Voter protection, poverty and the economy and immigration reform top the Congressional Black Caucus' policy agenda for the new legislative session. They are issues, CBC Chairwoman Marcia Fudge says, that resonate with all Americans, but African-Americans and neglected communities in particular.
With the 2012 election season over, many voters aren't as focused on their rights. They should be, Fudge said in an interview with BET.com. State legislatures around the country, she warned, are continuing to consider and introduce new laws that would inhibit some voters' ability to cast ballots. Some states have been exploring the idea of changing the Electoral College process.
"So this is an ongoing battle. It's not something that stopped on Nov. 6, 2012," the Ohio lawmaker said. "We want to continue to educate the electorate on the fact that a lot of the things that we talked about in 2012 are still going forward in 2013."
Unemployment also is an issue that disproportionately affects African-American communities. The rate tends to go up and down with each monthly jobs report, but remains stubbornly high. One of the CBC's top priorities is to get the American Jobs Act that President Obama introduced last year.
"We want to make sure that the jobs bill is passed. We were very supportive of it and had a great deal of input in it," Fudge said.
She also wants to ensure that the people who are in most need receive training for existing positions and jobs of the future. With funding for programs like Medicaid and Medicare, she added, lawmakers must do all they can to make sure people are fully employed.
That includes advocating for policies that provide parity in access to economic opportunity, particularly in African-American communities; championing policies that create and sustain jobs; and protecting cuts to social and economic programs.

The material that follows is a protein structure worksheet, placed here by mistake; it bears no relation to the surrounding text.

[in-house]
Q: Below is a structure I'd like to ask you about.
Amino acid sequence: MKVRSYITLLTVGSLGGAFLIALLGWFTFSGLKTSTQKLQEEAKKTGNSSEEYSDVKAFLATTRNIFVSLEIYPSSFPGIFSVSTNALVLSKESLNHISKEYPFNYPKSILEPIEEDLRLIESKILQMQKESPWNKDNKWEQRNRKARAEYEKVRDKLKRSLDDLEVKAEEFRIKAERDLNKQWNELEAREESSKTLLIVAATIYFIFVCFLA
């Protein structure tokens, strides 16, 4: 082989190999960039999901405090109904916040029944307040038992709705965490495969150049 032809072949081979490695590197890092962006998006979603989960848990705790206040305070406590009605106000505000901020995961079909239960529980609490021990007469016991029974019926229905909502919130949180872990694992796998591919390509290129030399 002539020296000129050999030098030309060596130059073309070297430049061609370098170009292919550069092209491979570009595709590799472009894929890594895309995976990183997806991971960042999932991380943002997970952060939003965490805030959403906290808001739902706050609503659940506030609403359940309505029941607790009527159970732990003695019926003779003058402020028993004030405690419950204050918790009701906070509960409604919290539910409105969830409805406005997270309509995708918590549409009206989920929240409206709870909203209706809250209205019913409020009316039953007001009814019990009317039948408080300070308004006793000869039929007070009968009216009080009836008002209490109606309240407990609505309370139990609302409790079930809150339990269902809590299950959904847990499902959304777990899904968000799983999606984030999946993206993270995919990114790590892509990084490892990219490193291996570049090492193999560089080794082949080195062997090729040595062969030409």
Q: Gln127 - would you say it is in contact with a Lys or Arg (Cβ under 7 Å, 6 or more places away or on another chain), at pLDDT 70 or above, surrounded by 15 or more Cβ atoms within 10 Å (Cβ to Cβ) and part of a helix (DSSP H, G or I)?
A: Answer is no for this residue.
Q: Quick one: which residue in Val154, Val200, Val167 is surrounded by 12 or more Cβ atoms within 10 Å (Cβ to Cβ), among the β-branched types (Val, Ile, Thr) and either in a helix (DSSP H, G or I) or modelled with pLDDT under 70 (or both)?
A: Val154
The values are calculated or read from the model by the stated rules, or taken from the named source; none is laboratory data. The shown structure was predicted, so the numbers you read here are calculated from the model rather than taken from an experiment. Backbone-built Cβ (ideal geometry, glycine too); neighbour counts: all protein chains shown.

Increasingly, CBC members are representing districts that are more diverse. As a result, immigration reform also is a priority, in part because it is currently a national priority. Fudge says that not engaging in the discussion would be a disservice to the people the CBC serves.
"It's not just a Latino or Mexican problem; it's a problem with people from Haiti or the Dominican Republic," she said. "Historically, people of color and the Diaspora have been at the bottom of the barrel, even as it relates to immigration. If we don't engage in the discussion, then what is it that we're saying to people? That we don't care?"
Fudge acknowledged that jobs, at least for the short-term, is taking a backseat to immigration reform. But as the caucus aims to provide a voice for undocumented immigrants of African descent, it also will work to ensure that policies that are aimed at improving conditions within low-income and vulnerable communities are not averted by comprehensive immigration reform legislation.
The CBC has to have a seat at every table, Fudge added, because issues that hurt Americans' economic and social well-being, hurt African-Americans even more.
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(Photo: Bill Clark/CQ Roll Call)
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